Let’s tackle that first question. Are today’s construction workers long-time construction laborers? Our universe is 2016 construction workers who have been employed in Oregon over the past several years. Astonishingly, only around 77 percent of today’s construction workers were employed for a construction business as their primary job back in 2014. To put it another way, around 21,000 of today’s construction workers were working in Oregon, but in a different industry just two years ago. Around 5 percent of today’s construction workers were working in the professional and business services sector. A seemingly strange move, however these could have been office, administrative, or higher level business folks who took a similar role for a construction firm. A notable share of today’s construction workers were working in manufacturing (3%), retail trade (3%), leisure and hospitality (3%), and natural resources (2%) back in 2014.

A large number of job opportunities are the obvious reason why there has been significant movement of workers into the construction industry; however pay is also a major consideration. Those who were working in construction in both 2014 and 2016 saw their inflation-adjusted median wage rise $2.84, roughly an 11 percent increase in real wages over two years – double the pace of wage growth for all workers in Oregon records in both 2014 and 2016. However, many of those moving from other industries into a construction job saw their median wage rise by a much higher rate. Around 2,500 of today’s construction workers were employed in a leisure and hospitality business in 2014. These folks were working in hotels, restaurants, and recreation businesses, such as gyms, golf courses, or ski resorts. Wages in this industry are notably low as many of the jobs are entry level, part-time, and seasonal. The 2,500 construction workers who were working in leisure and hospitality back in 2014 saw their median hourly wage rise from $10.34 to $15.39, a whopping 49 percent growth in real wages in just two years.

Clearly, higher paying employment opportunities are drawing workers to the construction industry. In fact, we see the same story for today’s construction workers who had been working in the retail sector in 2014 with their median wage rising 45 percent in just two years.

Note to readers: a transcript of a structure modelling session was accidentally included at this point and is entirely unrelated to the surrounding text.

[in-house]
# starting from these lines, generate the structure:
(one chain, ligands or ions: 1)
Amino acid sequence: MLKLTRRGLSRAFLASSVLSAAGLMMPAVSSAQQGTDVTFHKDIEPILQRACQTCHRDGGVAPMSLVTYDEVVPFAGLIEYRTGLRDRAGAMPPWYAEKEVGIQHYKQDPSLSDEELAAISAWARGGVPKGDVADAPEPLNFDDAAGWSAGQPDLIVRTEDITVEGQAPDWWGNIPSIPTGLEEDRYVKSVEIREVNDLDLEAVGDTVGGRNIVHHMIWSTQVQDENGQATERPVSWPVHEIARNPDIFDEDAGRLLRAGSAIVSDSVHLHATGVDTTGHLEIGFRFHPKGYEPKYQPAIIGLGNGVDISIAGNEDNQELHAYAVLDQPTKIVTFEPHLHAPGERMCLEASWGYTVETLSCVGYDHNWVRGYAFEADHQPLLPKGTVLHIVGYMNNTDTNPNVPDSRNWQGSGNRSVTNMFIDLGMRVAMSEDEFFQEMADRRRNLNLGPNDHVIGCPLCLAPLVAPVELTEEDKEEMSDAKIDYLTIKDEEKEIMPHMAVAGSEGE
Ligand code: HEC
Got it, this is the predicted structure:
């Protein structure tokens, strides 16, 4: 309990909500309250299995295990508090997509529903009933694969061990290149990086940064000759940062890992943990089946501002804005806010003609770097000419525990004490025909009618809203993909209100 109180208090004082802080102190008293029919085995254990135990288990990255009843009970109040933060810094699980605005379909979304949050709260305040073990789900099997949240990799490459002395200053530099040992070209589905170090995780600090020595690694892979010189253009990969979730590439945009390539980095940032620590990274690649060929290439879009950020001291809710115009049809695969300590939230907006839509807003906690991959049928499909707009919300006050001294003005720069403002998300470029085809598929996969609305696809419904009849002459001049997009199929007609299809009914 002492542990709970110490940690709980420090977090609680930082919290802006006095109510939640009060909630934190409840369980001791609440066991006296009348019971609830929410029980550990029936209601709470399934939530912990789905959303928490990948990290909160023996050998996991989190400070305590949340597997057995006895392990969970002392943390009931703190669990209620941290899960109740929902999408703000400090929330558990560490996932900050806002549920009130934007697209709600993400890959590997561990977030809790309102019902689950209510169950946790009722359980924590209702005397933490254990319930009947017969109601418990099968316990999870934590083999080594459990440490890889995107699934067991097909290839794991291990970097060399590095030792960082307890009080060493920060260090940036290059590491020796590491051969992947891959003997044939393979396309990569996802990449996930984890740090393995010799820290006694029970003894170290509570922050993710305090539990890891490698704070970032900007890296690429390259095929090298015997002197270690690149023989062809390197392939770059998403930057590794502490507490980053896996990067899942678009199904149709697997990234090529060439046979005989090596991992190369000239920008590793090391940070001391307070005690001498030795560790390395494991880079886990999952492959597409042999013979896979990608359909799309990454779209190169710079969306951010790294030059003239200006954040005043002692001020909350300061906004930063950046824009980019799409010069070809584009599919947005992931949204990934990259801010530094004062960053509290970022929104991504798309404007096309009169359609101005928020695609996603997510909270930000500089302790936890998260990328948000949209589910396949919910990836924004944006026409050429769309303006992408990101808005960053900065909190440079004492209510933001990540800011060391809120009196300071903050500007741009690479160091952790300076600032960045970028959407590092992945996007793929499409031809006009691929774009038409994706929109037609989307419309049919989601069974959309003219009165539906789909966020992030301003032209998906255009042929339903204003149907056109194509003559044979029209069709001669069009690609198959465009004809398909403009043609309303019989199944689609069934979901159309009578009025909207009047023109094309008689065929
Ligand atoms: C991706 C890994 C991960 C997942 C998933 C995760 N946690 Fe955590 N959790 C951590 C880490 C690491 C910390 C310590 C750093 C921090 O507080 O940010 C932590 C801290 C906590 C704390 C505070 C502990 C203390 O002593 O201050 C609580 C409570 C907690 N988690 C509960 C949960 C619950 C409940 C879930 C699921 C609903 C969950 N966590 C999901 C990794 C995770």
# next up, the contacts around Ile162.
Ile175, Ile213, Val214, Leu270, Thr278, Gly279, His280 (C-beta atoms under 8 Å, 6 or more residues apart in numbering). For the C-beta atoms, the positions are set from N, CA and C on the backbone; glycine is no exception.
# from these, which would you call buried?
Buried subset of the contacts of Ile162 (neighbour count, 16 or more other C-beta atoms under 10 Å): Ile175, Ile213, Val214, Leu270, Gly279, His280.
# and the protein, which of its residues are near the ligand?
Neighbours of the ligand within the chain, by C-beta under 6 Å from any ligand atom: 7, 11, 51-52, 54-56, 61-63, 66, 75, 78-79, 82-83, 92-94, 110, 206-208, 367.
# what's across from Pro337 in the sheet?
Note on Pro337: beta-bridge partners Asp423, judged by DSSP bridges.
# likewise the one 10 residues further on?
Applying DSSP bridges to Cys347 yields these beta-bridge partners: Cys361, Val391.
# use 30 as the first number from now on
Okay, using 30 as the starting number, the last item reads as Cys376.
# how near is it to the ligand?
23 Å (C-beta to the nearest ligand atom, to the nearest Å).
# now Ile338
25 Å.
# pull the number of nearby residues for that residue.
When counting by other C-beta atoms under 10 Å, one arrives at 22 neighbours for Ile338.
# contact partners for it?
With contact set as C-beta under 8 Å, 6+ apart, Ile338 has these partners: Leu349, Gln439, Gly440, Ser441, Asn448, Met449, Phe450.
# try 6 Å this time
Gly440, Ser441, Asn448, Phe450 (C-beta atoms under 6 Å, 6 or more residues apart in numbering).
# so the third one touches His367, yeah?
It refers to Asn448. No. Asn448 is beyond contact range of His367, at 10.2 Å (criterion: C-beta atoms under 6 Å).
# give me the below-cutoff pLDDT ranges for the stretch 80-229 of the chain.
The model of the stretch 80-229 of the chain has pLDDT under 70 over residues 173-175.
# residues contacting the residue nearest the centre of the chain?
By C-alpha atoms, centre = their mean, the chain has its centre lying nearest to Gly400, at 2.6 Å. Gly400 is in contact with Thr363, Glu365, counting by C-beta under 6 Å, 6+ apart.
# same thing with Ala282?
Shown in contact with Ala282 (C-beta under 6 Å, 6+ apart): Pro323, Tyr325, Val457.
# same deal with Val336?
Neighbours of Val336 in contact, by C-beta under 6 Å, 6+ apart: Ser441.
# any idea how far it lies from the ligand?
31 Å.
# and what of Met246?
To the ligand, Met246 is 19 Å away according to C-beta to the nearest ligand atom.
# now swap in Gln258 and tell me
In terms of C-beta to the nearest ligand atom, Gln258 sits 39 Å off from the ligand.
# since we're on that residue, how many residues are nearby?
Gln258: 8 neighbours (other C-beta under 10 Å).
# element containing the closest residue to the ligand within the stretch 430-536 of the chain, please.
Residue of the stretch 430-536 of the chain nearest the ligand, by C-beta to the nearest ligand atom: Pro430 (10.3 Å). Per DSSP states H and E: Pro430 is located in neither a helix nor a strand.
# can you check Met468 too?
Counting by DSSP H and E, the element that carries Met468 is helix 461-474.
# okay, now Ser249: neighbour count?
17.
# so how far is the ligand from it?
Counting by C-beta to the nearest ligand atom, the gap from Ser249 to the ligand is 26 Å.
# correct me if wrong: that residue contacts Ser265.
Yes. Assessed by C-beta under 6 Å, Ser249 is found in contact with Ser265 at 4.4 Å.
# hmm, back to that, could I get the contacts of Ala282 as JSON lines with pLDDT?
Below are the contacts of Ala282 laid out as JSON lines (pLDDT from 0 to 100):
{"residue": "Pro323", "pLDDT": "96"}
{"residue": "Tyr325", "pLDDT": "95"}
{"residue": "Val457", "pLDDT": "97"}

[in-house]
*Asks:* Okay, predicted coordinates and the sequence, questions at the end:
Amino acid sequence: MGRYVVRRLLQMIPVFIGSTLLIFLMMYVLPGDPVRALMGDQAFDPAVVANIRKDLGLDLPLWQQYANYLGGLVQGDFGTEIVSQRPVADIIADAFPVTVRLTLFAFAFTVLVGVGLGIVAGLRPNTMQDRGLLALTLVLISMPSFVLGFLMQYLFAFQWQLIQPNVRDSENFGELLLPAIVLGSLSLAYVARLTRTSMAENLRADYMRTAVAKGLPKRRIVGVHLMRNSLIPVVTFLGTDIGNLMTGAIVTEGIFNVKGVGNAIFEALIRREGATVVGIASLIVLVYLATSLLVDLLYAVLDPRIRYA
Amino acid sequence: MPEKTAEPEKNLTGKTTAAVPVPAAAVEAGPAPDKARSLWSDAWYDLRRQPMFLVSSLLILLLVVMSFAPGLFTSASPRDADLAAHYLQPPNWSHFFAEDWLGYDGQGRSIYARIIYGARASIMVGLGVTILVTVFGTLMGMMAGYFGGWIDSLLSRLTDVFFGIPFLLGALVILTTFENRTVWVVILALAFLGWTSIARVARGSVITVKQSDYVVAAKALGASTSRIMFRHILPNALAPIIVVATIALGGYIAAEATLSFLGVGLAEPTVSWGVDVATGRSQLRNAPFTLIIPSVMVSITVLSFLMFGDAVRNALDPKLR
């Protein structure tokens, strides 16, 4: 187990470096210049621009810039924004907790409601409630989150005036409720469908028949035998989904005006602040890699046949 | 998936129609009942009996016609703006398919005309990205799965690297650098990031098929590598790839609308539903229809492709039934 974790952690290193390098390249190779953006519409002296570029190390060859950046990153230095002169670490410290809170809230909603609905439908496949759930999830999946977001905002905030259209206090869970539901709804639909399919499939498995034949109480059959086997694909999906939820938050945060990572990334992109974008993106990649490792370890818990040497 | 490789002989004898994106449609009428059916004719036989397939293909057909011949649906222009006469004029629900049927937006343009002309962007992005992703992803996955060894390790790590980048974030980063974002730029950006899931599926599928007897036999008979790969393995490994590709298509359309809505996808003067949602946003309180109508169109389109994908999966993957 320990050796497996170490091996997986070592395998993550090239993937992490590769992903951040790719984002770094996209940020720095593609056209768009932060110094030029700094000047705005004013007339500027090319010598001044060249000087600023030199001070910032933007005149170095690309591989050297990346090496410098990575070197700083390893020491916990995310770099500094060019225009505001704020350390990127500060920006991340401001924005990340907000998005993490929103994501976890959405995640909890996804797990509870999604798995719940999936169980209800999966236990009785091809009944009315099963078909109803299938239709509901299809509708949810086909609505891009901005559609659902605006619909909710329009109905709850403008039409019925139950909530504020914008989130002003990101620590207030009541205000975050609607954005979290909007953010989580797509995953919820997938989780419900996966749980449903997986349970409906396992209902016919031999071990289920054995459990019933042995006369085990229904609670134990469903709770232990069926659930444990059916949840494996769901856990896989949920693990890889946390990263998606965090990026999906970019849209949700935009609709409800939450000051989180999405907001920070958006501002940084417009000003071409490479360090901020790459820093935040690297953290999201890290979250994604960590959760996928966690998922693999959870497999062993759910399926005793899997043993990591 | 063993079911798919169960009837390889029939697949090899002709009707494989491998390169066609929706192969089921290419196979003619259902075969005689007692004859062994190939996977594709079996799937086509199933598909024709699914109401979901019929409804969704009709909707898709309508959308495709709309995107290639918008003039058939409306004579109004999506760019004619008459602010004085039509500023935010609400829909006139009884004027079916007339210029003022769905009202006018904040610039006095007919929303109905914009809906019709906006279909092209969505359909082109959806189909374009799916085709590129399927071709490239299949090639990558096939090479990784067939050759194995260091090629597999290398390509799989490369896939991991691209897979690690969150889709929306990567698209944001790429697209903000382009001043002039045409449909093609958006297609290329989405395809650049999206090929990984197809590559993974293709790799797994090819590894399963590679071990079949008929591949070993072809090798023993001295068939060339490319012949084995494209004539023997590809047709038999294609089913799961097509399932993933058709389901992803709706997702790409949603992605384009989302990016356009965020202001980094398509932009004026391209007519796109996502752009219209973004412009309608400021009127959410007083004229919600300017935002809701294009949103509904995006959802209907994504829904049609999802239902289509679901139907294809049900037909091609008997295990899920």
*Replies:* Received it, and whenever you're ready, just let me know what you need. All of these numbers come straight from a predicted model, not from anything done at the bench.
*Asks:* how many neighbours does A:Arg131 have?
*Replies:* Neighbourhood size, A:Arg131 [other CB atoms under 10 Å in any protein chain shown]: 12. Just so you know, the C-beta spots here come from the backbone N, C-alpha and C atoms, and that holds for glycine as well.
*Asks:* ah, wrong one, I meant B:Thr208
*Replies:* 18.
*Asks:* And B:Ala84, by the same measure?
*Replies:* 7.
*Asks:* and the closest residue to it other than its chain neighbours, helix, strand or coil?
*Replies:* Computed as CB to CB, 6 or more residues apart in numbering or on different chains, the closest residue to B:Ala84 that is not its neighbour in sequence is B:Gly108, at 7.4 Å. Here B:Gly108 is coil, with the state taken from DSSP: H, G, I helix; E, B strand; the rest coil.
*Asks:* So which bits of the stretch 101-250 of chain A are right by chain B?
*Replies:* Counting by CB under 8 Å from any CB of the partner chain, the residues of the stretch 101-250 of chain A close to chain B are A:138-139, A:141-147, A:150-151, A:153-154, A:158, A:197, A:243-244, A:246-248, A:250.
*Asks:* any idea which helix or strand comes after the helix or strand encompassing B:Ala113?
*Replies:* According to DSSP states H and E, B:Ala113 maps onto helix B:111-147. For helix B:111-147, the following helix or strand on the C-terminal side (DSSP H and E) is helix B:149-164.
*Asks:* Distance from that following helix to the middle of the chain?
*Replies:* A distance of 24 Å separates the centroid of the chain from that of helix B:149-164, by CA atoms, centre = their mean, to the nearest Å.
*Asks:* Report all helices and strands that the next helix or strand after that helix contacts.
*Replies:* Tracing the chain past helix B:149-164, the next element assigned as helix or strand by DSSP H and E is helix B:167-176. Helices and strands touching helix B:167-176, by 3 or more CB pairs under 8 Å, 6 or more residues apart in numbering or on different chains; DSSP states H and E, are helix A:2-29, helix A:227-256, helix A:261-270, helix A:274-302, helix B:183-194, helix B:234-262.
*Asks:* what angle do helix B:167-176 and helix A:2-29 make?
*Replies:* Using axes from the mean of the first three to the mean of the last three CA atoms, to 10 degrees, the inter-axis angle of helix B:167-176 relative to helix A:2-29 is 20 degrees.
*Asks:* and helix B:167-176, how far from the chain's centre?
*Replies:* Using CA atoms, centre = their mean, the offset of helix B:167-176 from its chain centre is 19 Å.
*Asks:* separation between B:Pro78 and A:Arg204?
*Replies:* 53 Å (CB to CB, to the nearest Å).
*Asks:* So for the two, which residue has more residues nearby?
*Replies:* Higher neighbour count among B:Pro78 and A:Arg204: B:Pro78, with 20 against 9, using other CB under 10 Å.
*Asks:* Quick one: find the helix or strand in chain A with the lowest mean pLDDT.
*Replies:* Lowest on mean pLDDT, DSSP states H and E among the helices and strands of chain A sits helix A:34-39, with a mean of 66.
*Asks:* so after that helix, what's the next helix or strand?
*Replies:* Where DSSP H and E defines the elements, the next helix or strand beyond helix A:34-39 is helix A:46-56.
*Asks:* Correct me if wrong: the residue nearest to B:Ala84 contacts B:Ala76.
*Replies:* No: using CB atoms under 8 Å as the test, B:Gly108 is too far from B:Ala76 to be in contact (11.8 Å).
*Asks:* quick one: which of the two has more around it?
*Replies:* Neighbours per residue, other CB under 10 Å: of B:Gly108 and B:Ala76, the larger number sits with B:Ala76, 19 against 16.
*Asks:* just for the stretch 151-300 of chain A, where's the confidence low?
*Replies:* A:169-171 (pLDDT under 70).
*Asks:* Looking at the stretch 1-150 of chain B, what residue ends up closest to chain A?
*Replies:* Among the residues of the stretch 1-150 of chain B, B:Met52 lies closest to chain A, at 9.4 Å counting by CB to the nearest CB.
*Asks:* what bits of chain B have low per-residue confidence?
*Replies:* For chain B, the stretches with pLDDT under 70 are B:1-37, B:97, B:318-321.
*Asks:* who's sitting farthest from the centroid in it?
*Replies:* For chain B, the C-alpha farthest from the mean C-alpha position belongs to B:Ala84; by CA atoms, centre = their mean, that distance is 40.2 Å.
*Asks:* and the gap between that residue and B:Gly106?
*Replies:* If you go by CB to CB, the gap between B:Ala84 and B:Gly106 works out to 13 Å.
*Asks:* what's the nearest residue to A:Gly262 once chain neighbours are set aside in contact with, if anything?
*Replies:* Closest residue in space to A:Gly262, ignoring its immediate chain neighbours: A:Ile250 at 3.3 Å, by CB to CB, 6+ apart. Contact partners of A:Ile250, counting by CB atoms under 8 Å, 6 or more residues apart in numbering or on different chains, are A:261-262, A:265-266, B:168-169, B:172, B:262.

As demand for construction labor increases and supply of labor dwindles, construction businesses are responding by offering more hours to their current workforce. Median hours worked increased by around 4 percent over the past two years for those employed as a construction worker in both 2014 and 2016. That is nearly the equivalent of working an additional two full-time weeks a year. As with wages, it seems many folks were drawn to the construction industry for more consistent work. For instance, those who were working in leisure and hospitality in 2014, but found work in construction by 2016 saw their median hours worked jump by 48 percent, or the equivalent of an additional 7.5 full-time weeks a year. Those moving from seasonal industries saw the largest jump in hours worked, however those who came from less seasonal industries, such as professional and business services and transportation, also saw a significant increase in their hours worked.

The labor shortage in Oregon’s construction industry is real, but the market is responding as expected. Increasing wages and more consistent hours are attracting workers from other industries, as well as new entrants into Oregon’s labor market. There is a strong positive relationship between building permits and construction employment; as permits rise we see a gain in construction jobs. Over the past year, we have begun to see the growth in building permits slow, likely a welcome sign for those construction businesses struggling to find workers.